Russian and Turkish military officials have agreed to coordinate aerial attacks against the positions of foreign-sponsored militant groups in Syria, and signed a memorandum on combat flight safety during missions in Syrian airspace.
The Russian Defense Ministry said in a statement that the agreement, reached in Moscow during a Thursday meeting, specifies a course of action to avoid incidents during flights over Syrian airspace.
“The memorandum establishes mechanisms of coordination and interaction between Russian and Turkish aircraft during airstrikes against terrorist targets, as well as measures aimed at preventing flight incidents involving aircraft and unmanned aerial vehicles in Syrian airspace,” the statement read.
Russia has been bombing Daesh and al-Qaeda-affiliated al-Nusra Front terrorist groups in Syria at the official request of President Bashar al-Assad since September 30, 2015.
On August 24, the Turkish air force and special ground forces kicked off Operation Euphrates Shield inside Syria in a declared bid to support the Free Syrian Army militants and rid the border area of Daesh terrorists and fighters from the Kurdish People’s Protection Units (YPG) and Democratic Union Party (PYD).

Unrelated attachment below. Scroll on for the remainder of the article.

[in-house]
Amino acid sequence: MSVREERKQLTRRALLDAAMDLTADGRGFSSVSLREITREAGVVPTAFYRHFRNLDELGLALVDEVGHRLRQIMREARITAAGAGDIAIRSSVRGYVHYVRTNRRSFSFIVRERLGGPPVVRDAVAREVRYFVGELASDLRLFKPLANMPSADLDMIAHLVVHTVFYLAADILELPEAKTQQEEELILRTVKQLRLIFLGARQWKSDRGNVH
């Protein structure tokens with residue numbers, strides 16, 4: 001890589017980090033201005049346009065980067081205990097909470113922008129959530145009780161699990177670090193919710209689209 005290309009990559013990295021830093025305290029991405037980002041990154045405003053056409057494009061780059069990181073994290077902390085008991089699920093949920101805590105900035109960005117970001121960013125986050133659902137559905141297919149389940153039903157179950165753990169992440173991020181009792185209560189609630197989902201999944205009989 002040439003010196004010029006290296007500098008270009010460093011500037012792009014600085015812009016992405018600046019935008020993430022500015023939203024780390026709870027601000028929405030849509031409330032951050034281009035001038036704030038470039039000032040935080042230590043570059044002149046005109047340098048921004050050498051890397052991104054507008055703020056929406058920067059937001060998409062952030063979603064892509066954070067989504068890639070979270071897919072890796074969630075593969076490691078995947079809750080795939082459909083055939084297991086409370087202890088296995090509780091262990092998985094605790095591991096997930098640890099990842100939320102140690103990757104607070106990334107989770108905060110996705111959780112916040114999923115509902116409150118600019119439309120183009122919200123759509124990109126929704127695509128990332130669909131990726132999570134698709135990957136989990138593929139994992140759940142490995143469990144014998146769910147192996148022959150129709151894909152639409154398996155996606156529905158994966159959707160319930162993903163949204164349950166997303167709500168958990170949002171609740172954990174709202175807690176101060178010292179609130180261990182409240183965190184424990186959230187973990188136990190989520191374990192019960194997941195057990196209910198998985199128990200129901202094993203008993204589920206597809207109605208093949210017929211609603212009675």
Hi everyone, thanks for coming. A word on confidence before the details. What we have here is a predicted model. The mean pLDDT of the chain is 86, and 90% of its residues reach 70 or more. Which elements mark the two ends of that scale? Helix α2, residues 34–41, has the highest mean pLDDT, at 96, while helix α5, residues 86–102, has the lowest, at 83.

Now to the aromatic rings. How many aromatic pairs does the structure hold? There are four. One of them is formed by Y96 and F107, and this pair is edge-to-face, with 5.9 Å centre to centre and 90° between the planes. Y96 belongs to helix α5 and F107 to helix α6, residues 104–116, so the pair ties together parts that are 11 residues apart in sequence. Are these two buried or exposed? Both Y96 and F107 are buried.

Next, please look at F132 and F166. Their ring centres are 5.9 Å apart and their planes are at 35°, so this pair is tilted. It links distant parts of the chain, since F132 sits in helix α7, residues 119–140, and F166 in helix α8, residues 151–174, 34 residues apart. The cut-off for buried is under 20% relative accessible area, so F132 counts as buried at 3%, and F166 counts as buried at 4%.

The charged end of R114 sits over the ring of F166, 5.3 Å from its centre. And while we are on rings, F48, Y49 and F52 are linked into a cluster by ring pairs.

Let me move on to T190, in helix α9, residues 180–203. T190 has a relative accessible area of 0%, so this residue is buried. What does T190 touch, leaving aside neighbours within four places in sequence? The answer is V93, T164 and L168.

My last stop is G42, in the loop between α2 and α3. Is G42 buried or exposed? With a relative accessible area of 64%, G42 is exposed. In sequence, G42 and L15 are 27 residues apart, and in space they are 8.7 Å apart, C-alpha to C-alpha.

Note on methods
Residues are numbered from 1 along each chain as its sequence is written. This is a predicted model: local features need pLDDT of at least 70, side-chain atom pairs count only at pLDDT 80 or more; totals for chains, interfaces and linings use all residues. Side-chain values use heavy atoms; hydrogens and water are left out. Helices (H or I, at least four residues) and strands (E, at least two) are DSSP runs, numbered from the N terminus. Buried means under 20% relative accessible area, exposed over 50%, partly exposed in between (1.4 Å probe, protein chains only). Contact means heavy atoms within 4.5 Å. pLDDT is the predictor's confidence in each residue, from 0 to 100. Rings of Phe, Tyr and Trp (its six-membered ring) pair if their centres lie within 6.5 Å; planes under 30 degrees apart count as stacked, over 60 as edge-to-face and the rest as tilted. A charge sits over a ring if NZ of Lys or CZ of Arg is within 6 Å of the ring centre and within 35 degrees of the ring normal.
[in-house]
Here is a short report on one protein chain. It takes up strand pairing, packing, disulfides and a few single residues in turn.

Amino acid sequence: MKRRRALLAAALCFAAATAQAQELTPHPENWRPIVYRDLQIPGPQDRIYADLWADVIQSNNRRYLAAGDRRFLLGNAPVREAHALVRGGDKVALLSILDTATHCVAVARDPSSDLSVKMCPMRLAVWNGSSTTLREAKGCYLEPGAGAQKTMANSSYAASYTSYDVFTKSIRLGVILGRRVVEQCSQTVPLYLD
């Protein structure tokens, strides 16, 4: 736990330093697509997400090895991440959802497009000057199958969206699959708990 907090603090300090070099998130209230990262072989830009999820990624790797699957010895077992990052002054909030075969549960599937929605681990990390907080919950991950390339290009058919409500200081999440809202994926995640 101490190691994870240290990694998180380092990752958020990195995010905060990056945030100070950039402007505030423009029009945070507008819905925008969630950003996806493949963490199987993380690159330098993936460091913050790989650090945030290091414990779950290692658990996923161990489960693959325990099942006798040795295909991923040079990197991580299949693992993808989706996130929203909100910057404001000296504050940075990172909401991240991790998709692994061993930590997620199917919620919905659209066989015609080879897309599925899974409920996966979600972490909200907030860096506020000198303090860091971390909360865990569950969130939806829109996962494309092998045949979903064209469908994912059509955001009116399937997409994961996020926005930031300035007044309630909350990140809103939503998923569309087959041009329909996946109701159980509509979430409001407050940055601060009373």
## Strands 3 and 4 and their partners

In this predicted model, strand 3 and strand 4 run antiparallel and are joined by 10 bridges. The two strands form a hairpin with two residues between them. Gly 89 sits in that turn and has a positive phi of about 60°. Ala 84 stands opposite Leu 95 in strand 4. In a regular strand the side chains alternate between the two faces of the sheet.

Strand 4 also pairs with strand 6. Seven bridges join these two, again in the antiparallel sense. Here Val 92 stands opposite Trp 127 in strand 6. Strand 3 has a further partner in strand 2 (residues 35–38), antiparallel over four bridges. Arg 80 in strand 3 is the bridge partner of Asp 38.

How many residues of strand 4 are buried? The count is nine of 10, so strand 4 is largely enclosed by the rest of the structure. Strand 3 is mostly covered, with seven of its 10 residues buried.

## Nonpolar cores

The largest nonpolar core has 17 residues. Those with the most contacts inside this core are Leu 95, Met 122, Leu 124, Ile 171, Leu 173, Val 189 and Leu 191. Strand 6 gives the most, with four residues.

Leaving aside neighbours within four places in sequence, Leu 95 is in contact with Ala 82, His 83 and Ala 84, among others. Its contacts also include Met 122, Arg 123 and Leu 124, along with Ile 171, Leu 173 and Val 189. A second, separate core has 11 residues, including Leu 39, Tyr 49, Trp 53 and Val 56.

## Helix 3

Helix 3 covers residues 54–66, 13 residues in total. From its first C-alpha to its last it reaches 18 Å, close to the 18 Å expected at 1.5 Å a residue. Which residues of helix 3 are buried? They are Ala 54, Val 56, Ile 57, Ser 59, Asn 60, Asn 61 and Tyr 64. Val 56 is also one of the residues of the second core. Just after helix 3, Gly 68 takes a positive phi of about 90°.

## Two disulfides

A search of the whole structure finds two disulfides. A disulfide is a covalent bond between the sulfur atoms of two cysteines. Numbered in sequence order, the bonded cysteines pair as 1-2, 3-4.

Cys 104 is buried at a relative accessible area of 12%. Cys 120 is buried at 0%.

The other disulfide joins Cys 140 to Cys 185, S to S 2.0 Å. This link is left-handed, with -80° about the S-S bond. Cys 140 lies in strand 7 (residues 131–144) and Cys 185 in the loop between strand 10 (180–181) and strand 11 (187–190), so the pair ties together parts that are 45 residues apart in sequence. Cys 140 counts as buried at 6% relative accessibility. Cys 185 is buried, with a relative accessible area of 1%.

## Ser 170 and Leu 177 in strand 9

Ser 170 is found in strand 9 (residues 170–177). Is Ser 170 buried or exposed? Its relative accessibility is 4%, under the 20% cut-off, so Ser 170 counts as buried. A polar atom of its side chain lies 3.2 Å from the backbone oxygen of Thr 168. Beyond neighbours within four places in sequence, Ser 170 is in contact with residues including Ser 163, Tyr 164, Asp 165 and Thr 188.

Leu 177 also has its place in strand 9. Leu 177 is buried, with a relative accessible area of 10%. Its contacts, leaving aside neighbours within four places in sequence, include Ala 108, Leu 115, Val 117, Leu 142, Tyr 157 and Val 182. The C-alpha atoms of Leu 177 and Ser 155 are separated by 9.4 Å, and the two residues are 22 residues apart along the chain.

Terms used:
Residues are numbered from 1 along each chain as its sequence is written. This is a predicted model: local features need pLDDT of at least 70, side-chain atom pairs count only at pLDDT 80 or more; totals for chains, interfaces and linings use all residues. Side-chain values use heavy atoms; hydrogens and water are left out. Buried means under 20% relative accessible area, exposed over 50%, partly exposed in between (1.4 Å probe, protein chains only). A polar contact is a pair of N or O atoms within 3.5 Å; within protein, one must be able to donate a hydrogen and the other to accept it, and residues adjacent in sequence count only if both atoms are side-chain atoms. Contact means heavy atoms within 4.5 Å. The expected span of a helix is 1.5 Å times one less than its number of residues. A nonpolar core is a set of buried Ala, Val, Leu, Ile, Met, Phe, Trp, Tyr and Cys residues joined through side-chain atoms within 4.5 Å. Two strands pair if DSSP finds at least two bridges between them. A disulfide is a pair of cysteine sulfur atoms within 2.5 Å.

The offensive was launched in coordination with the US-led military coalition, which has purportedly been fighting Daesh extremists since 2014.
The incursion was the first major Turkish military intervention in Syria, which drew strong condemnation from the Syrian government for violating the Arab country's sovereignty.
On December 31, the UN Security Council unanimously adopted a draft resolution submitted by Russia and Turkey on a Syrian ceasefire that excludes the Daesh and Jabhat Fateh al-Sham Takfiri groups.
The text of the resolution “welcomes and supports efforts by Moscow and Ankara to end violence in Syria and jump-start a political process.”
It also calls for rapid access for humanitarian aid to be delivered throughout Syria.
UN Special Envoy for Syria Staffan de Mistura said on Thursday that the ceasefire in Syria was “largely holding with some exceptions,” expressing disappointment that the truce had not helped the delivery of humanitarian aid to besieged areas, where food is running out.
He said armed Takfiri groups are stopping 23 buses and Syrian drivers used in recent evacuations from leaving the villages of al-Fu'ah and Kefraya in the northwestern province of Idlib, calling for them to be allowed to leave.